The telephone—the ostensible subject of the film—is the main disciplinary tool but the entire Pett house serves as an example of the ideal home as imagined by the GPO. This home is one in which waste—waste of time, money, and resources—is reduced through adherence to a set regime and the effective use of modern services such as the home telephone. As Deborah Sugg Ryan argues, “there was an active relationship between the small suburban semi, its decoration and furnishings, and its inhabitants.” That is, the shift from servants to self-reliance in the interwar period meant the emergence of a more hands-on approach in the middle-class home: “a new, modern way of life” (Sugg Ryan, “Living,” 220). Pett and Pott dramatize this active relationship from the first shot of the interior of the Pett home. Mrs. Pett cleans dishes then cleans her baby with the aid of the hot water available in the modern kitchen. The camera includes the new gas cooker in a shot of Mrs. Pett giving her child a bath to show how the two work alongside each other in the modern home. Subsequent sequences show Mrs. Pett ordering groceries to be home delivered, talking to her husband in his office via telephone, and the family reading together in front of the radio (which remains off).
The film does not depict some clean-lined, international style machine for living encouraged by modernist urban planners and architects at the time. Rather, the Pett home is sensibly decorated in the late-Victorian style still popular with many middle-class (and working-class) Britons. While GPO films featured international-style schools and factories in other films, it was not aggressively modernist in its campaigns to change the insides—or outsides—of British homes. The depiction of a comfortably familiar interior that was not disrupted by the installation of modern services was part of the selling point of films aimed at middle-class customers. The GPO, then, did allow some leeway in its prescription for interior design. Modern features did not dictate the décor of interiors, but they did dictate the behaviors that went on within these rooms.
GPO films did not direct its message only to sober, middle-class suburbs and those who aspired to live in them. The Fairy of the Phone (1936) features a cast of characters but focuses on Mr. Parsnips, a young man who lives alone in a small, stylish, city flat. Chrome-plated tubular chairs sit amid an art deco cabinet and table. The built-in bed features a built-in aquarium, and an en suite bath completes the compact but elegant space. The interior is even given in its own close-up as the film first presents it unpopulated and allows the viewer time to take in its features (fig. 4).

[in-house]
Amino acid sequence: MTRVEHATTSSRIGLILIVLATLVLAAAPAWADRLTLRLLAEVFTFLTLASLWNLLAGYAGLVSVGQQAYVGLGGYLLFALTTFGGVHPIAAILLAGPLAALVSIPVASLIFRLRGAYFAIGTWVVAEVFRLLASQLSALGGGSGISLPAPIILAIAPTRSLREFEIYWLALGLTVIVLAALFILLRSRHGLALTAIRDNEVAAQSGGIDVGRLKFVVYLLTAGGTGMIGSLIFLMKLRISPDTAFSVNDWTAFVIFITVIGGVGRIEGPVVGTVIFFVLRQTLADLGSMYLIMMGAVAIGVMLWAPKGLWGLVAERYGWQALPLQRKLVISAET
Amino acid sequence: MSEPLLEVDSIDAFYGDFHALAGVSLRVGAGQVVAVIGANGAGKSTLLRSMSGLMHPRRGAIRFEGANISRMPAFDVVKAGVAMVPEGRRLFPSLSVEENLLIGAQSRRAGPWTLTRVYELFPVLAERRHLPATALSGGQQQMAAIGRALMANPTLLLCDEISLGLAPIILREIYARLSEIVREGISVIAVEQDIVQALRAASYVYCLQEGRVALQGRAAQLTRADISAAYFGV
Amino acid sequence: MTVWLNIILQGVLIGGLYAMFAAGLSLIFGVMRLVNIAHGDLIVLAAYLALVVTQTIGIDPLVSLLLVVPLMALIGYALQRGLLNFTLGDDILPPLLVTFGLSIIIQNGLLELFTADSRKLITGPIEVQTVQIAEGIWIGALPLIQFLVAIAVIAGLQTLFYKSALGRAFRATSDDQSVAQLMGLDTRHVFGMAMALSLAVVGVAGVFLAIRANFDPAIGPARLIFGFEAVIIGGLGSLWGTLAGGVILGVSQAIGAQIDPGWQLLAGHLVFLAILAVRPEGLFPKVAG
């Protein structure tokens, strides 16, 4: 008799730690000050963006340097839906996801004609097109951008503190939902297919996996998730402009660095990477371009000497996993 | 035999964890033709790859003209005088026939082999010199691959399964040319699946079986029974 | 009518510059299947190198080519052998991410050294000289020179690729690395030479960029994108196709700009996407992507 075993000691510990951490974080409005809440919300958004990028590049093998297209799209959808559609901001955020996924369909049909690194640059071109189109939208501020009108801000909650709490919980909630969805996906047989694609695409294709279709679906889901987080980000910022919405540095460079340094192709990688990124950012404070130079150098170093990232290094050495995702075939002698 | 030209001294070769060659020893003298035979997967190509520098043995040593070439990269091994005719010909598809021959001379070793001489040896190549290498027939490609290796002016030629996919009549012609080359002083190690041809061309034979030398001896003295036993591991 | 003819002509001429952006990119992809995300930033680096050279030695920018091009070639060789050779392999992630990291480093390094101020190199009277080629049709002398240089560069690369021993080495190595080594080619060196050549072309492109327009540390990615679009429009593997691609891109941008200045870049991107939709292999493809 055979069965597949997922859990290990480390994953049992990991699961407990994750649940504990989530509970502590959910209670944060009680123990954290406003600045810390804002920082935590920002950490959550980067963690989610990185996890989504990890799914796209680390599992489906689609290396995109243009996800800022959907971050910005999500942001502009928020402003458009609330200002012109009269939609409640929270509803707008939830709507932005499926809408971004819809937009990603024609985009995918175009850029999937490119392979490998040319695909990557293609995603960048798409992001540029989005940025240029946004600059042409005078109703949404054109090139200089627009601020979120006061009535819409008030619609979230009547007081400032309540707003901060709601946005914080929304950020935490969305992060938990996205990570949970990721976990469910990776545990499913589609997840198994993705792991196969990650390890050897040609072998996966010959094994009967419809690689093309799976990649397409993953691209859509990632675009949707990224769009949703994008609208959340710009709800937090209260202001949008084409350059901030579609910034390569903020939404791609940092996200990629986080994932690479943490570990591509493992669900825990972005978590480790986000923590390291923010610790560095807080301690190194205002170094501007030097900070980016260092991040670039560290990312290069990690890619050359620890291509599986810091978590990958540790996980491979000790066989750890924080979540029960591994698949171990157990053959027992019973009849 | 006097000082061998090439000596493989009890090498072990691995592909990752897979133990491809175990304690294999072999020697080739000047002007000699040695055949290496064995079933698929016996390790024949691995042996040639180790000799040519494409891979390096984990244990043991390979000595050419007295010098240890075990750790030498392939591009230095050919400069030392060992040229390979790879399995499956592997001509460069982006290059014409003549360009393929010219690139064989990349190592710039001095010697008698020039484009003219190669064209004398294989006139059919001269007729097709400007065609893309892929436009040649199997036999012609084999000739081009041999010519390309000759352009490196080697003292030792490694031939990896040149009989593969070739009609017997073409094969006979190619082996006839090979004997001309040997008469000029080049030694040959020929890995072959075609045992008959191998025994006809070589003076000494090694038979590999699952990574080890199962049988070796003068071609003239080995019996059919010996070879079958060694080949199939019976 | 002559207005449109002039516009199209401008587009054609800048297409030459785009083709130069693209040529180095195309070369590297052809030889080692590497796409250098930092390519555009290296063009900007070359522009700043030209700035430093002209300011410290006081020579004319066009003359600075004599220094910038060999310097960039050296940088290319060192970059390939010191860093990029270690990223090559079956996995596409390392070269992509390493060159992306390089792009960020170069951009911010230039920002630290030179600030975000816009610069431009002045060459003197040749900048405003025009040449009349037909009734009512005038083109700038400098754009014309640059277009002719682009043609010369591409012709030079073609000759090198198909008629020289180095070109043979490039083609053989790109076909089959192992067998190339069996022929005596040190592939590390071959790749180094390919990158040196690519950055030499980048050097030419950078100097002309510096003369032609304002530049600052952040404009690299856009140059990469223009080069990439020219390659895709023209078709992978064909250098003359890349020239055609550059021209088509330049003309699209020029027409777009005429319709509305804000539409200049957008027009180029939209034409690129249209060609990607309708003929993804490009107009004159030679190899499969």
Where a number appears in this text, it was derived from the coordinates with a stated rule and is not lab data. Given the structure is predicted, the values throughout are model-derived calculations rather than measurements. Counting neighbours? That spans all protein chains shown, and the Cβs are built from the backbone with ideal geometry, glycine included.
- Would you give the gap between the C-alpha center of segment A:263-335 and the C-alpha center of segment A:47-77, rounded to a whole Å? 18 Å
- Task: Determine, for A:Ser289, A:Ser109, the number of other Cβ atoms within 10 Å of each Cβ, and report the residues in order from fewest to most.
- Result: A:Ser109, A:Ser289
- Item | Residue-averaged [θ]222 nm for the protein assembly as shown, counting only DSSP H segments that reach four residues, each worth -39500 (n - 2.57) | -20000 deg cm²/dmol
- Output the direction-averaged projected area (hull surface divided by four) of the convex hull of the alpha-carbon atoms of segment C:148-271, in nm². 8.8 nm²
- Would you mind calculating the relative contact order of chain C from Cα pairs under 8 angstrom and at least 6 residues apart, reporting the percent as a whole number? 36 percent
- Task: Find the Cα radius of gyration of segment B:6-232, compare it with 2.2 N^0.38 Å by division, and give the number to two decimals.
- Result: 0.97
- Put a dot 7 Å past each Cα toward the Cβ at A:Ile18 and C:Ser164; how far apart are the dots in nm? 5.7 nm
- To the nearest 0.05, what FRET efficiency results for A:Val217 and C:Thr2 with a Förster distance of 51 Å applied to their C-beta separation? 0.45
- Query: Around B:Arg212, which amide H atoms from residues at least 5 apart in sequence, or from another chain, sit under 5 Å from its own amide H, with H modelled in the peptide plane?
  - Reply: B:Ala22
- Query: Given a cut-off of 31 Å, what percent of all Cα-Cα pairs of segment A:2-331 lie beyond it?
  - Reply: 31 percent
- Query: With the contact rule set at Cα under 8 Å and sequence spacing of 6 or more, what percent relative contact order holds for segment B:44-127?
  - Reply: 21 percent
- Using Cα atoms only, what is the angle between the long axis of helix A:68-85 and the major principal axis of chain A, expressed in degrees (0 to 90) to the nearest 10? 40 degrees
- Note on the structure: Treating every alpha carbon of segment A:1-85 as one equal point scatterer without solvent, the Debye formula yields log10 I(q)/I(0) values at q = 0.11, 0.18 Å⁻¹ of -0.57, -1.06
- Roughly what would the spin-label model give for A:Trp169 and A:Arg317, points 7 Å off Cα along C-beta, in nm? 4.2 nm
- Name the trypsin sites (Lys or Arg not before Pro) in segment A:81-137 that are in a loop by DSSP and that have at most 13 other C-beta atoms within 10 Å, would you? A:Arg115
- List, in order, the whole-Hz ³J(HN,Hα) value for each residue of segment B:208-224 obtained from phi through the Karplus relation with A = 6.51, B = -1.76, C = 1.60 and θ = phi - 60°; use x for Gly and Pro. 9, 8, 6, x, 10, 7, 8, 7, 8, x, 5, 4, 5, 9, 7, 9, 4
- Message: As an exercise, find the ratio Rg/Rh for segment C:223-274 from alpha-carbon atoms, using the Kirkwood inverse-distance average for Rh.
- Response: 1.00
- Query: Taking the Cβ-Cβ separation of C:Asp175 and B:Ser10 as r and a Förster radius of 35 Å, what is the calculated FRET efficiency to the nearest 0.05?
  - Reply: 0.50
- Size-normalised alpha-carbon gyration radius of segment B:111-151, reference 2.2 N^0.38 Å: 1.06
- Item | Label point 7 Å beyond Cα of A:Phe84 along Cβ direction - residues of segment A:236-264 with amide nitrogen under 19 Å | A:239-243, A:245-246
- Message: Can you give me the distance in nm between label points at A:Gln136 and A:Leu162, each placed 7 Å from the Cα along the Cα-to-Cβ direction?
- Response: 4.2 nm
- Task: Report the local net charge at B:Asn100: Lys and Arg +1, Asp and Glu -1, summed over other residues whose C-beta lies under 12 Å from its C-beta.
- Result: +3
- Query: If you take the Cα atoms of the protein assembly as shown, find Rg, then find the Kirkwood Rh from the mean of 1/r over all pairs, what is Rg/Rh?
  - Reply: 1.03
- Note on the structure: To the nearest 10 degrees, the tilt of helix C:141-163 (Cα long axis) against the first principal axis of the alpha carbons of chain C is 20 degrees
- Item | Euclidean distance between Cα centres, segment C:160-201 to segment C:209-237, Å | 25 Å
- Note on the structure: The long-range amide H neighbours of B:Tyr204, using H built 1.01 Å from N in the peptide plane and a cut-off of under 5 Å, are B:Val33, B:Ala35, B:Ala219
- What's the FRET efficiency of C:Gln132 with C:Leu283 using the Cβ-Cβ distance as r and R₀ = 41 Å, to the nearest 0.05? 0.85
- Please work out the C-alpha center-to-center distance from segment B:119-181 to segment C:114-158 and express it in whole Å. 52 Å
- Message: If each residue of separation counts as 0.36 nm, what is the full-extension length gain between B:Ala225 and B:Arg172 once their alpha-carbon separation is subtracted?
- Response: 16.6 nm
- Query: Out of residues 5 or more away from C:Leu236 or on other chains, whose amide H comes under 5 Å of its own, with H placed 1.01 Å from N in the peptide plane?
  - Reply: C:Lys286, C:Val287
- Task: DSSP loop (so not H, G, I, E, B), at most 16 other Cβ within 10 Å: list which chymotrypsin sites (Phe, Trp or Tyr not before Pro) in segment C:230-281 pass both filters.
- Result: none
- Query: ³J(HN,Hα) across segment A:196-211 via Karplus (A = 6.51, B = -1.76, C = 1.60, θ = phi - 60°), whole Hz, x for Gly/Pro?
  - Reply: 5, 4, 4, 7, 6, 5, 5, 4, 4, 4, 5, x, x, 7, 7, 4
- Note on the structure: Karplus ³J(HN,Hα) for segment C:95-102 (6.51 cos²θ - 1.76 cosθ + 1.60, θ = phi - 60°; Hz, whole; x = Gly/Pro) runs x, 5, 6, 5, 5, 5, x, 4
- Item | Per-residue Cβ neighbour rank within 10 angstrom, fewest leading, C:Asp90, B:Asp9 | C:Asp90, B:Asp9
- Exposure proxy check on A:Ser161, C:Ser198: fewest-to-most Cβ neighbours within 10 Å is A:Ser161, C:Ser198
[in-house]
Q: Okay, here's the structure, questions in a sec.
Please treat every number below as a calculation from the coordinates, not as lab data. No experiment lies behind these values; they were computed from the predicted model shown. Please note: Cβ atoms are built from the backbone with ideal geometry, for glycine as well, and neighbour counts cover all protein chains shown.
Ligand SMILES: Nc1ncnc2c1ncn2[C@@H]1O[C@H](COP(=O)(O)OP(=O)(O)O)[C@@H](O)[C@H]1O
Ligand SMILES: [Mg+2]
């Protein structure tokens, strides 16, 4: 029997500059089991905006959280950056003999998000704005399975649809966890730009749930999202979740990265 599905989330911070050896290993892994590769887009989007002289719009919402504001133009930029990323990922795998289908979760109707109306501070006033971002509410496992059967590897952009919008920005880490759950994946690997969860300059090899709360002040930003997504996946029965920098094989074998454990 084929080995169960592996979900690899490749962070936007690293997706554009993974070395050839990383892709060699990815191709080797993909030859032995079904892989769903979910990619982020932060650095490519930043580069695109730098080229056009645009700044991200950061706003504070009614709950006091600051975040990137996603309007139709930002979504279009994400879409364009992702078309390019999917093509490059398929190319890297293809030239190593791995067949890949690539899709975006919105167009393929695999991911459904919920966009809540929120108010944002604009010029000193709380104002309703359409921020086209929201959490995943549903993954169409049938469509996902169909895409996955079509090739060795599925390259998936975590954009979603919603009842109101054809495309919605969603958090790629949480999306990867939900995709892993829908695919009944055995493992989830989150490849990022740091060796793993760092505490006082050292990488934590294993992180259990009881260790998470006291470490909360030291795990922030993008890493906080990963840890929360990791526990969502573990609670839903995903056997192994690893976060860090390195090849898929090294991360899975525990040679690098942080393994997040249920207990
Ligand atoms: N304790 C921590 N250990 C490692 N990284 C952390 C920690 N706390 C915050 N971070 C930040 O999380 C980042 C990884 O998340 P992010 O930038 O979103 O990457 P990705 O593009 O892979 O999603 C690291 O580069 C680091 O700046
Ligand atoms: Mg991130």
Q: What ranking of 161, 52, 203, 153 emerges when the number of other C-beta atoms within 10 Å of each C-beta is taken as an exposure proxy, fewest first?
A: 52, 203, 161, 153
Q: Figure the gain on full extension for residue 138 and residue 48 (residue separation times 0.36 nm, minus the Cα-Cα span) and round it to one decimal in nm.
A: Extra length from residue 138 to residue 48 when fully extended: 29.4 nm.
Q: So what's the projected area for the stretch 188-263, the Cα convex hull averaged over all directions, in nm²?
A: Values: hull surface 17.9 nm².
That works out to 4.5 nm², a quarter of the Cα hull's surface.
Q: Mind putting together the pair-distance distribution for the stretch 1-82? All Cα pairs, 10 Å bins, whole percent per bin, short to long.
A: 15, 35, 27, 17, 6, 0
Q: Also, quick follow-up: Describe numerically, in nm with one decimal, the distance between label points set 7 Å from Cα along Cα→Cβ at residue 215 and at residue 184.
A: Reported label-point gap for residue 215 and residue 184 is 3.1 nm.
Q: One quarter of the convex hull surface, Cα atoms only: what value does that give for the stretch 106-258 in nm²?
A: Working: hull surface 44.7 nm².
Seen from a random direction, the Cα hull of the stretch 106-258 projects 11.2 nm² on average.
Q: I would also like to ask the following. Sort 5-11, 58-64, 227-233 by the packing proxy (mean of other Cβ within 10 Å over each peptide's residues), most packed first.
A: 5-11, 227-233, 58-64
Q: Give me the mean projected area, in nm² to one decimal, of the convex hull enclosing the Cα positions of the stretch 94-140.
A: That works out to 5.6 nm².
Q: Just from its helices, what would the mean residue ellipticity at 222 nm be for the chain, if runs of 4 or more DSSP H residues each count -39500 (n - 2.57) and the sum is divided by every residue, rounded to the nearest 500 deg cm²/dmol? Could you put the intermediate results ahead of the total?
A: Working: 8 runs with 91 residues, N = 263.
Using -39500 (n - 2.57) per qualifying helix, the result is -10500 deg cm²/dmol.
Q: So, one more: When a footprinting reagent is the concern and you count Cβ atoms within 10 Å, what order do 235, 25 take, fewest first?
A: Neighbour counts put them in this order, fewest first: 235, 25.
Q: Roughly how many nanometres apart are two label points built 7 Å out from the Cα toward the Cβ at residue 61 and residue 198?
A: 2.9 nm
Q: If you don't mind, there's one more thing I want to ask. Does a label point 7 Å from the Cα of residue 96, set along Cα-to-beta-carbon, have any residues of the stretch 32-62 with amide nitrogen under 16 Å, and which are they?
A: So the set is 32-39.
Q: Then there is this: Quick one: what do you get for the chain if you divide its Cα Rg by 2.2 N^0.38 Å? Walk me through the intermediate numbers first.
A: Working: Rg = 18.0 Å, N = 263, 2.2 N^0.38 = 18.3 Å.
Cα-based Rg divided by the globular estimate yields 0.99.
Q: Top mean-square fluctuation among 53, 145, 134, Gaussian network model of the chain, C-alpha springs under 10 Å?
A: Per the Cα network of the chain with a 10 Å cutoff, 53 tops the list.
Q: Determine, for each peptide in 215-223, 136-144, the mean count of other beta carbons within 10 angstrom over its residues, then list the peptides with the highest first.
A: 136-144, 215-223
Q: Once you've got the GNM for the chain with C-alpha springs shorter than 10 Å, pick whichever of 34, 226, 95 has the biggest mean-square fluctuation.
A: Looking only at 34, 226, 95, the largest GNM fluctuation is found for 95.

These features reflect the then fashionable interest in ocean liners as an inspiration in architectural design. The flat also looks like the small flats for single professionals in the recently constructed Lawn Road Flats (1934), located near the London home of the film’s director William Coldstream. As The Times described Lawn Road at its opening, “Everything has been done that can be done to eliminate worry, labour, and expense, to avoid ‘clutter’ and restraint, and to make the business of living easy and pleasant.” The film’s inclusion of a similarly efficient, modernist flat shows off the GPO’s endorsement of such modernist projects, its appeal to be seen as a modernist institution itself, and the ways in which it could assist in the “business of living.” Mr. Parsnips learns how to answer his phone correctly by announcing his telephone exchange (“Gerrard 2667”), and he learns of new features such as the wake-up call, an example of the many ways in which the home telephone could be integrated into everyday life to make it “easy and pleasant.” In Mr. Parsnips’s case, the morning call is used to get him out of bed after coming home late from a fancy, white-tie party (fig. 5). The film shows that even such Bright Young Things who live a potentially louche lifestyle could be disciplined and made into productive citizens through adherence to the GPO regime. This is one of Foucault’s “docile bodies” accepting the intrusion of the disciplinary institution (Discipline and Punish, 138).